Foot Locker's Q4 Beats Expectations Penske Renews With Logano, Shell-Pennzoil Pimlico Report Calls For $300M Renovation MTS Centre Getting C$12M In Upgrades Crew Unveil New Gold Uniforms NASCAR Hopes Format Captures New Fans Alabama Football Program Nets $47M-Plus Profit MLB Giants Payroll To Top $200M For First Time As Top Stars Retire, Young Drivers Carry Hope FS1 Developing New TV Shows For Katie Nolan
SBD/February 6, 2013/Events and AttractionsPrint All
An estimated 200,000-plus people from "across Maryland poured into the heart of" Baltimore yesterday for the Ravens' Super Bowl parade, "standing shoulder to shoulder before City Hall, lining both sides of Pratt Street and filling M&T Bank Stadium to capacity," according to a front-page piece by Jill Rosen of the Baltimore SUN. Delays "plagued the afternoon rush hour and stymied the light rail too, as demand overwhelmed the system and trains stopped altogether several times when fans broke through barricades and spilled onto the tracks." Traffic in the morning was "so bad even the team had trouble making it to the celebration." Before the parade "even started, it was all but impossible to find parking in lots surrounding M&T Bank Stadium" (Baltimore SUN, 2/6). In Baltimore, Kevin Cowherd writes it was "the biggest and loudest and most boisterous victory parade you've ever seen, a two-hour party through downtown Baltimore." Cowherd: "Trust me, this one was bigger than the Orioles parade in 1983 when they won the World Series" (Baltimore SUN, 2/6). Meanwhile, David Zurawik wrote Baltimore's four "affiliate or network-owned stations blew out about four hours of mid-day programming to go all-hands-on-deck-live in coverage." Having reporters "wear purple scarves or stand on corners and act like crowd cheerleaders, which is what I saw too much of from WMAR during the parade, isn't enough." Zurawik: "The other thing that annoyed me, and it has been building for weeks, involves veteran reporters acting like they are buddies with the players." WBAL-NBC had "much of the best coverage." From "great helicopter shots of the massive congestion downtown in advance of the parade, to some of the most enterprising and perfectly pitched big-event reporting I have ever seen" (BALTIMORESUN.com, 2/5).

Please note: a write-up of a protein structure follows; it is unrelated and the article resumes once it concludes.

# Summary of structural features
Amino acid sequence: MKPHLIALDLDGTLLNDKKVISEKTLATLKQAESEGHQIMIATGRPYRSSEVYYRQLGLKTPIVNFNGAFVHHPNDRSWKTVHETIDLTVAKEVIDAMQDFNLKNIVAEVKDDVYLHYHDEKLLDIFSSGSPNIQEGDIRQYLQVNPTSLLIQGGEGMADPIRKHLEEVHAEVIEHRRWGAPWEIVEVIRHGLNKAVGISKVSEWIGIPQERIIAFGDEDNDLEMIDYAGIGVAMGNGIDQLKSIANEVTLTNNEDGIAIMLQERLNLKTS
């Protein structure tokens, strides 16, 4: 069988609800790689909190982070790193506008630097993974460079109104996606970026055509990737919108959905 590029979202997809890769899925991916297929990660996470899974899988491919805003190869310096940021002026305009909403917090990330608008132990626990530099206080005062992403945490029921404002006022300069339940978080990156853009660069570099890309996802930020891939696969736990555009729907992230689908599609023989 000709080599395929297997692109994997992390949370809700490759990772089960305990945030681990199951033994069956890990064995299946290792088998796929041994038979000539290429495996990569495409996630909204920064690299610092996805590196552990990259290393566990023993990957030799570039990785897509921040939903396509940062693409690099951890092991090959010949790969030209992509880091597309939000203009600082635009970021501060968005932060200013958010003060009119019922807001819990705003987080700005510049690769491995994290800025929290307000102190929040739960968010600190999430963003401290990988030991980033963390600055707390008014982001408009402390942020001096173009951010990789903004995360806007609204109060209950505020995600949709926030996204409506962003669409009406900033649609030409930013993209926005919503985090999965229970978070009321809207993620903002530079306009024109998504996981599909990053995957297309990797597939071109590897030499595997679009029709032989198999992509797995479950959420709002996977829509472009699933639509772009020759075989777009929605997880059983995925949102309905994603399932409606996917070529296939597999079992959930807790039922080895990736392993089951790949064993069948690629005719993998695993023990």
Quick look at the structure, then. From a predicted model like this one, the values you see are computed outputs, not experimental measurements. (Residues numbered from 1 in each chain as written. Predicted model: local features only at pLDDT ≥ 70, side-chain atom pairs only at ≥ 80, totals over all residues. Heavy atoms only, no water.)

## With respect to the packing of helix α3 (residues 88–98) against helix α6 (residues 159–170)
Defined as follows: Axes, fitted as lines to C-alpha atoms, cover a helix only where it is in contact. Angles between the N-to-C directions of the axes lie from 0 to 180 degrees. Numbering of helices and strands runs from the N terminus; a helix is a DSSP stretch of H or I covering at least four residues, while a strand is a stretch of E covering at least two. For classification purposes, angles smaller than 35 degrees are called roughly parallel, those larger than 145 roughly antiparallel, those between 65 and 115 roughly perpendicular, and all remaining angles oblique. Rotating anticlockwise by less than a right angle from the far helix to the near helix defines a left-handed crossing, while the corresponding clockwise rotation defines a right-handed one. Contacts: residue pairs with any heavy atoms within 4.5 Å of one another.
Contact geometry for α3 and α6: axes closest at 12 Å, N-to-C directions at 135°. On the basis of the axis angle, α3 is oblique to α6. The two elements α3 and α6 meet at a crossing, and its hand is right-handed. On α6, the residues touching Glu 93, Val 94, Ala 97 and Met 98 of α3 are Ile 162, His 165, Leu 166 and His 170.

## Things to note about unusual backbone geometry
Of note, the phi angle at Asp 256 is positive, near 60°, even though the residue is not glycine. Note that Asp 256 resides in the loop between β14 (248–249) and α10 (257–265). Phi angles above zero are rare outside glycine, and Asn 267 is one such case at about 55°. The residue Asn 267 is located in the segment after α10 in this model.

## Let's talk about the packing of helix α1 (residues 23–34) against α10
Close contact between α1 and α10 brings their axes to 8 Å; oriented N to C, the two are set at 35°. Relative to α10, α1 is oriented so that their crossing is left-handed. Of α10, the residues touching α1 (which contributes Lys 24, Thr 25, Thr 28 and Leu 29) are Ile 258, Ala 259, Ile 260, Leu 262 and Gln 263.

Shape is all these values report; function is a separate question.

Newport, R.I., will be the "only U.S. stopover of sailing's around-the-world Volvo Ocean Race in 2015," according to David Klepper of the AP. Newport "vied with Baltimore to host the event," and Volvo Ocean Race CEO Knut Frostad would not comment on reports in Baltimore media that organizers had "first picked that city over Newport but backed out because of scheduling conflicts with the Preakness Stakes." Rhode Island Gov. Lincoln Chafee said that the state expects to "budget $775,000 to cover expenses such as sanitation and public safety associated with the event" (AP, 2/5). Baltimore bidder Ocean Racing USA Exec Dir Robert Housman said of the switch in cities, "We were shocked. ... We won on the merits of our bid and that's a fact." In Baltimore, Candy Thomson notes Volvo officials on Jan. 22 "sent a letter to Housman and other members of the bidding team congratulating them on winning not only the 2014-15 edition of the race but also the race in 2017-18." Almost immediately after telling Baltimore it won, Volvo officials "pushed the possibility of moving the Preakness or of the city hosting both races simultaneously, which prompted a strongly worded four-page letter from Baltimore Mayor Stephanie Rawlings-Blake on Jan. 28." She noted in the letter, "We only heard of the Preakness weekend date within the last week." Rawlings-Blake "warned that Volvo would find itself overshadowed by the Preakness and would lose valuable media exposure and marketing opportunities." But city and bid officials on Feb. 1 said that they "received a call from race organizers, saying that they would award the race to Newport if Baltimore didn't budge." That afternoon, Newport officials "got a call congratulating them on winning the stopover" (Baltimore SUN, 2/6).